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Adapted from "Captain Charles Conrad Junior, United States Navy" [biography, dated 21 April 1970] in Modern Officer Biographies Collection, Naval History and Heritage Command Archives, Washington Navy Yard.

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Charles "Pete" Conrad Jr.

NHHC Archives Astronaut Files
Charles "Pete" Conrad Jr. (L) and L. Gordon Cooper Jr. (R) on board recovery ship USS Lake Champlain (CV-39) following successful Gemini V mission on 29 August 1965.


Charles Conrad, Jr., was born in Philadelphia, Pennsylvania, on June 2, 1930, son of Charles and Frances (Vinson) Conrad.  He received the degree of Bachelor of Science in Engineering from Princeton University in 1953.  While attending Princeton, he was a member of the Naval Reserve Officers Training Corps Unit and upon graduation was commissioned Ensign in the U. S. Navy, June 5, 1953.  He subsequently advanced in rank to that of Captain, to date from December 11, 1969.

After receiving his commission in 1953, he had flight training at the Naval Air Station, Pensacola, Florida, until March 1954, then continued his training at the Naval Air Station, Corpus Christi, Texas.  Designated Naval Aviator on September 24, 1954, he joined Fighter Squadron FORTY-THREE in October of that year and in February 1958 was detached to attend the naval Test Pilot School, Naval Air Test Center, Patuxent River, Maryland.

During the period March to October 1961, he was attached to Fighter Squadron ONE HUNDRED TWENTY-ONE, after which he served with Fighter Squadron NINETEY-SIX.  In September 1962, he was selected to participate in the National Aeronautics and Space Administration’s space program and in October 1962 reported for training at the Manned Spacecraft Center, Houston, Texas.

In August 1965, he served as Pilot on the Gemini V flight.  He and command pilot Gordon Cooper were launched into orbit on August 21 and proceeded to establish a new space endurance record of 190 hours and 56 minutes.  The flight, which lasted 120 orbits and covered a total of 3,312,993 statute miles, was terminated on August 29, 1965.  It was also on this flight that the United States took over the lead in man hours in space.  He was awarded the Distinguished Flying Cross and cited as follows:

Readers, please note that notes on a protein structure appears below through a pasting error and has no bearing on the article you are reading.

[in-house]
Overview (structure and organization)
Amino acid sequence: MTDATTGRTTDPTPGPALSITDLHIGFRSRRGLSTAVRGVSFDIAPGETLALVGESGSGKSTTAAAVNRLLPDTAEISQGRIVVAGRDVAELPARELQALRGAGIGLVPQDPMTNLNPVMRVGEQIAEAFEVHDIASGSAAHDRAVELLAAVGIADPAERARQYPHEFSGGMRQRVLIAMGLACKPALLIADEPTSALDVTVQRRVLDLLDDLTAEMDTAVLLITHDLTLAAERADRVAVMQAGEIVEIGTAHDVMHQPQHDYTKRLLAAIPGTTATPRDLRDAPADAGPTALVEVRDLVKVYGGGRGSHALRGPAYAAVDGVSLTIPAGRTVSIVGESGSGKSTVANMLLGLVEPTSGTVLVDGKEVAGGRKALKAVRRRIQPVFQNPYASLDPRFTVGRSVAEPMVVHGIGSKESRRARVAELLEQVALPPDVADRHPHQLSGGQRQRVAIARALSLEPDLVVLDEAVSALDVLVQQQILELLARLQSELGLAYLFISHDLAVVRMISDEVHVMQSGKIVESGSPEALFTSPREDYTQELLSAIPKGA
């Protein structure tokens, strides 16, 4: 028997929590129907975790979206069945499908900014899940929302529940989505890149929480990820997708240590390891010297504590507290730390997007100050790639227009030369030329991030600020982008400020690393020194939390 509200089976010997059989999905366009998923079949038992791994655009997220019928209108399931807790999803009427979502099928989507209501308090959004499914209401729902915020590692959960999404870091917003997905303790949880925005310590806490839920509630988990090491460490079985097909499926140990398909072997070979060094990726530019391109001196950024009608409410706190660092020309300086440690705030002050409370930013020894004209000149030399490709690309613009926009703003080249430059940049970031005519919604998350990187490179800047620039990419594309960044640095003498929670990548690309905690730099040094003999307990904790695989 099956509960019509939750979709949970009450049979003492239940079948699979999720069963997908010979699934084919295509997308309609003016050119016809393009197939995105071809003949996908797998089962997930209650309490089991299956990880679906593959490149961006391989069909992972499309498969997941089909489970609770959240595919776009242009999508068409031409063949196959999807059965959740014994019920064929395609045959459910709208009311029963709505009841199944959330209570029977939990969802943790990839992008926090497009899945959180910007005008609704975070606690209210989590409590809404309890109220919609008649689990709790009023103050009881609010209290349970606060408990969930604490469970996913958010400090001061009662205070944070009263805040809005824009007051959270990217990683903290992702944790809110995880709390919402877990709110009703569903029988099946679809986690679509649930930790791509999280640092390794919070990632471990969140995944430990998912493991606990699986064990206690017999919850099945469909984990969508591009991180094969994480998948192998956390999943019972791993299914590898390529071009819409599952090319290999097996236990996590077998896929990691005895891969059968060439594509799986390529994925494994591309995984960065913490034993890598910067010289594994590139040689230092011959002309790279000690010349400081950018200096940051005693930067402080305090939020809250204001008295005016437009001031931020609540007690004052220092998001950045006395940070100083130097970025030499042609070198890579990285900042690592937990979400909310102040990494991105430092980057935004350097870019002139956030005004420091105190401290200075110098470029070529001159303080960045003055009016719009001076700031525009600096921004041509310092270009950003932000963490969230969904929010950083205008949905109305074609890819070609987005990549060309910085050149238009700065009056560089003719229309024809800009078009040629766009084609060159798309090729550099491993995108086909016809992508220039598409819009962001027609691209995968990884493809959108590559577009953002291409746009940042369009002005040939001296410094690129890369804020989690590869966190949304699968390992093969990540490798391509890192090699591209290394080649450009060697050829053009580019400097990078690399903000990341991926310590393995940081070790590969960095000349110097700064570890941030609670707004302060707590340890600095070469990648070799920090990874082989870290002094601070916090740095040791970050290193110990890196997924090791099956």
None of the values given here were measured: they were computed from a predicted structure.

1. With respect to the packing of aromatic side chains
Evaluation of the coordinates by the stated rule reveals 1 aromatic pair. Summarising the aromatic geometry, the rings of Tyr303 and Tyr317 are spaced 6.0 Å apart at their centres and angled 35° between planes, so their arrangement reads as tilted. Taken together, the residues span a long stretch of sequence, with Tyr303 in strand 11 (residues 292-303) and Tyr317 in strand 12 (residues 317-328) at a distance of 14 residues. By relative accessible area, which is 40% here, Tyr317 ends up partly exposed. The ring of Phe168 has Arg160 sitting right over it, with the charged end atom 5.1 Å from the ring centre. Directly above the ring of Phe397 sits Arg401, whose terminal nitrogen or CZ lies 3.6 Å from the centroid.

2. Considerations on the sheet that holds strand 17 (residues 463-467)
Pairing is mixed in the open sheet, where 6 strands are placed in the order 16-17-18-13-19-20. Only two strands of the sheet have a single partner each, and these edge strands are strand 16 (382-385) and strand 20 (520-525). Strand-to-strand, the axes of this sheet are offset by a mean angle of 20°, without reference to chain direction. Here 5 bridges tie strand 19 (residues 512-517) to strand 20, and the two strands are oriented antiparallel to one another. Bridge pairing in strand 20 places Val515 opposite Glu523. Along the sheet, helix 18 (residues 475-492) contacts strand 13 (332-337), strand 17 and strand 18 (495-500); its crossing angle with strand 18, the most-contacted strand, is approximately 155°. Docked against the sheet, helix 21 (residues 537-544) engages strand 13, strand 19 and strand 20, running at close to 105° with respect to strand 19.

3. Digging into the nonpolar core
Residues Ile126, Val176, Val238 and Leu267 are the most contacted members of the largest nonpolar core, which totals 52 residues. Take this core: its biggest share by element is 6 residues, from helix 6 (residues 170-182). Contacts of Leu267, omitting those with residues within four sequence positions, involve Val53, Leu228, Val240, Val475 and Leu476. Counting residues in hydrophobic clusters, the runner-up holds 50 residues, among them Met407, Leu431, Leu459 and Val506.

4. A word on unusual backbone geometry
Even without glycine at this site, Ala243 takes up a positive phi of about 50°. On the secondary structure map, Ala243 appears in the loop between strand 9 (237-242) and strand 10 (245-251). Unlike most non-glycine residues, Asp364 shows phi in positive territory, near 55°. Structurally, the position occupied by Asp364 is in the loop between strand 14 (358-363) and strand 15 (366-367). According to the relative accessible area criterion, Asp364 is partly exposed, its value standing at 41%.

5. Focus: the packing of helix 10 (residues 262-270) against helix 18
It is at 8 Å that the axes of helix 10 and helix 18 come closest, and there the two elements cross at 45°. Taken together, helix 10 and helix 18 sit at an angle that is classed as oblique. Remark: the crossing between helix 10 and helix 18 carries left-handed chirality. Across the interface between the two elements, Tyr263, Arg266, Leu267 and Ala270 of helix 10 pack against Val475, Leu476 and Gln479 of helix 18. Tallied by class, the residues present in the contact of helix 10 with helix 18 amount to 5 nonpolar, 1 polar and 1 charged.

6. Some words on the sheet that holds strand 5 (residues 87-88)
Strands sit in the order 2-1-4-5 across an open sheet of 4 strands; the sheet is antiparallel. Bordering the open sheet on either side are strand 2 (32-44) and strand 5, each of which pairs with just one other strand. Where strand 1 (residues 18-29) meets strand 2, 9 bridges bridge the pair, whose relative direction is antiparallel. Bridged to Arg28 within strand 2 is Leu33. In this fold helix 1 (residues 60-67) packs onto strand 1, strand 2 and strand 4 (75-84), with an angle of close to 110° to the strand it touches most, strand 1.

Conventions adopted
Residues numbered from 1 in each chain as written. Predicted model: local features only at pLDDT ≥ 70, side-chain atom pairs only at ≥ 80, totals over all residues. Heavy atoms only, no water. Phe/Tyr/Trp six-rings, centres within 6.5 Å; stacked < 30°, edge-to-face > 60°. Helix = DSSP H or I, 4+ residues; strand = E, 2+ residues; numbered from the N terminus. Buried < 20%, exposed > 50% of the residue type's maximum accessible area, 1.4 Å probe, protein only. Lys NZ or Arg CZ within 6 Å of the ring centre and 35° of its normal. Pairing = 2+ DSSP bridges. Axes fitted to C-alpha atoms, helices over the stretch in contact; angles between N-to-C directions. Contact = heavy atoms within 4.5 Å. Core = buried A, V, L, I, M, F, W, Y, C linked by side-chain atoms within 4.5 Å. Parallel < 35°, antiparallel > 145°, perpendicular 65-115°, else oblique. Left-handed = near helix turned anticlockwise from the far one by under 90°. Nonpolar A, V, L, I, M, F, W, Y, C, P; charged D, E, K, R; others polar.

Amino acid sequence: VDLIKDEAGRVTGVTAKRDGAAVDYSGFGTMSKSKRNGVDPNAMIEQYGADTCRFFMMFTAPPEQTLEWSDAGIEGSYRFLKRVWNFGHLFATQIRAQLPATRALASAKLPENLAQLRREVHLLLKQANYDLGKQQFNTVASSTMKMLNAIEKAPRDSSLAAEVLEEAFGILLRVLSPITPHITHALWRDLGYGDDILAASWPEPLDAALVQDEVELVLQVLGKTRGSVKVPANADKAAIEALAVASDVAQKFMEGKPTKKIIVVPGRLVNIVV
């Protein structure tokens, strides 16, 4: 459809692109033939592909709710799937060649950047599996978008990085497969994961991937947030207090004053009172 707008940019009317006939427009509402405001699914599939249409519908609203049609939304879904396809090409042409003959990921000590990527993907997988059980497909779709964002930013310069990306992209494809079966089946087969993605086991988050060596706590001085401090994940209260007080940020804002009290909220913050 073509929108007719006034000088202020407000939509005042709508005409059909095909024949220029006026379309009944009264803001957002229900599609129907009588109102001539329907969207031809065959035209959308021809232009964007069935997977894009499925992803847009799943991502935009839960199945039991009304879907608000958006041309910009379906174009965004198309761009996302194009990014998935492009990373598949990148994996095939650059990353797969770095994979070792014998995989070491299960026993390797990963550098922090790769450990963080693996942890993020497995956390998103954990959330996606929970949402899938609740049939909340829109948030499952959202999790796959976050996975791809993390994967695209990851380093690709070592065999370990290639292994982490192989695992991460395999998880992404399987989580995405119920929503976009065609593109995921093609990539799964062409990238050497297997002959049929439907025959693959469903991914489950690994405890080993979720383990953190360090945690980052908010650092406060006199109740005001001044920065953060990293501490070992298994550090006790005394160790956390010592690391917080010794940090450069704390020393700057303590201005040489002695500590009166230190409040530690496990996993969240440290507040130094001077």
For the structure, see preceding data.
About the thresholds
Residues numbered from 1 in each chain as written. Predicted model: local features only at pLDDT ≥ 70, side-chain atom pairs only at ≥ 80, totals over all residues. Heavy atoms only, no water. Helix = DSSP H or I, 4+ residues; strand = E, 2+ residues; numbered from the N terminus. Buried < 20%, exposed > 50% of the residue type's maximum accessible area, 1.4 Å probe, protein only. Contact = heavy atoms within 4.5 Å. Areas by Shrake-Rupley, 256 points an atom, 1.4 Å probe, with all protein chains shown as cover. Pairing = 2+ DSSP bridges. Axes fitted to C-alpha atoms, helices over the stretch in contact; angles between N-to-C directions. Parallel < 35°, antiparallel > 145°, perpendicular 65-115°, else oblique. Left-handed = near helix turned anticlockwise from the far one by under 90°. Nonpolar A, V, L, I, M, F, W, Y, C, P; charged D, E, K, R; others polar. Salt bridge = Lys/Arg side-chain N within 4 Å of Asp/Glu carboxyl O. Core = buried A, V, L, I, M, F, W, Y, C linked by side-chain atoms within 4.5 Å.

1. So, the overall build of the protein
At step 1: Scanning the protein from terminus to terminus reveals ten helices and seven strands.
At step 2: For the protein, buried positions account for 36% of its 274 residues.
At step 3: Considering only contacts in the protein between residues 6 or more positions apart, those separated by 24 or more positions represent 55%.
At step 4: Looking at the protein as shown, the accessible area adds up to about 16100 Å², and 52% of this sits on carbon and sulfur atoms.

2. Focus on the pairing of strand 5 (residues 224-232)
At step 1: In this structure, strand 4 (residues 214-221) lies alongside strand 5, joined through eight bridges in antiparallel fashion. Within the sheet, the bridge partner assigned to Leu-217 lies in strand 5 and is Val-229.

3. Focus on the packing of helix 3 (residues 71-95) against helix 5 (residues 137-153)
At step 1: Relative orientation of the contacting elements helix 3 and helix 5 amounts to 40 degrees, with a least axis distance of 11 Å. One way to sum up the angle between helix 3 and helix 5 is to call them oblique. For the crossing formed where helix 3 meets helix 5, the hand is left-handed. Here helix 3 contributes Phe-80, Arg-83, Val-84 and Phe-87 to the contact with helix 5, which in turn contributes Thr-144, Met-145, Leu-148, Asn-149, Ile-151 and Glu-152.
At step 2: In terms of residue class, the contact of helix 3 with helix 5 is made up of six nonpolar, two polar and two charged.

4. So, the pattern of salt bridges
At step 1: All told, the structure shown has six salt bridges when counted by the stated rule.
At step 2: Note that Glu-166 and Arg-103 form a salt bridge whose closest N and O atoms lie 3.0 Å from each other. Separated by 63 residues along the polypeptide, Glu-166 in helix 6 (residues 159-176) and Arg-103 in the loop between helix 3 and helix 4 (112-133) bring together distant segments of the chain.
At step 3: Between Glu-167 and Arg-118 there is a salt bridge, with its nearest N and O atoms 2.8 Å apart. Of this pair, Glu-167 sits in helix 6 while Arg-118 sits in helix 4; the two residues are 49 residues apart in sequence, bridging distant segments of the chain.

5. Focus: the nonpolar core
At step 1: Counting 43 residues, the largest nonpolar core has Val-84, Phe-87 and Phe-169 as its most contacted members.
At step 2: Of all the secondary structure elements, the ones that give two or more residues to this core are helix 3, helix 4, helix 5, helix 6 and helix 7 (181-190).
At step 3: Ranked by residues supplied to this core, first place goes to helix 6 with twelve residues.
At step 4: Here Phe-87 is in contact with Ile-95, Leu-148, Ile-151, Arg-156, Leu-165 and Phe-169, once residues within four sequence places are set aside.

“For heroism and extraordinary achievement…as an Astronaut with NASA from August 21 to 29, 1965, aboard Gemini V.  During this period, while serving as Pilot, Commander (then Lieutenant Commander) Conrad completed a space flight in an elapsed time of 190 hours and 56 minutes…The major objectives of the Gemini V flight were to demonstrate and evaluate the performance of the Gemini spacecraft for a period of eight days; to evaluate the performance of the rendezvous guidance and navigation system, using the radar evaluation pod; to evaluate the effects of prolonged exposure of the two-man crew to the space environment; and to conduct a total of seventeen experiments…”

On September 12, 1966, he occupied the command pilot seat for the 44 orbit Gemini XI mission.  He executed orbital maneuvers to rendezvous and dock in less than one orbit with a previously launched Agena and controlled Gemini XI through two periods of extravehicular activity.

Other highlights of the flight included the retrieval of a nuclear emulsion experiment package during the first Eva; establishing a new world space altitude of 850 statute miles; the successful completion of the first tethered station-keeping exercise, in which artificial gravity was produced; and the successful completion of the first fully automatic controlled reentry.  The flight was concluded on September 15, 1966, with the spacecraft landing in the Atlantic, two and one half miles from the prime recovery ship, USS Guam (LPH-9).  He was awarded a Gold Star in lieu of the Second Distinguished Flying Cross with the following citation:

“For heroism and extraordinary achievement…as an Astronaut with NASA from September 12 to 15, 1966, aboard Gemini XI.  During this period, while serving as Command Pilot, Commander Conrad completed a space flight of seventy-one hours and seventeen minutes…The objectives of this flight were rendezvous in the first revolution, docking, two periods of extravehicular activity, an exercise in the dynamics of two spacecraft linked together by a one hundred-foot strap, and full-automatic reentry, all of which were successfully accomplished…”

Captain Conrad was Command Pilot of the three-man crew of the Apollo XII, which also included Captain Alan L. Bean, USN and Captain Richard F. Gordon, Jr., USN. During the mission, which took place from November 14 to 24, 1969, he participated, along with Captain Bean, in two moon walks totaling eight hours on November 20.  During the first walk the set up an array of scientific experiments referred to as ALSEP (Apollo Lunar Surface Experiments Package) which consist of five main experiments: a solar wind spectrometer, a lunar ionosphere detector, a lunar atmosphere detector, a magnetometer, and a highly sensitive seismometer.  In addition to ALSEP experiments, they gathered rock and dust samples and during a second moon walk they retrieved and examined parts of the Surveyor III spacecraft which had been in the lunar atmosphere since April 1967.

He was awarded the Navy Distinguished Service Medal for the Apollo XII mission.

He was awarded two NASA Exceptional Service Medals and the Navy Astronaut Wings and is the recipient of Princeton’s Distinguished Alumnus Award for 1965.  He also has the National Defense Service Medal with bronze star.

He had logged more than 3,514 hours flight time, with more than 2,604 hours in jet aircraft.

Captain Conrad was a member of the American Institute of Aeronautics and Astronautics and the Society of Experimental Test Pilots.

Navy Office of Information
Internal Relations Division (OI-430)
21 April 1970


Published: Fri Mar 04 11:45:28 EST 2016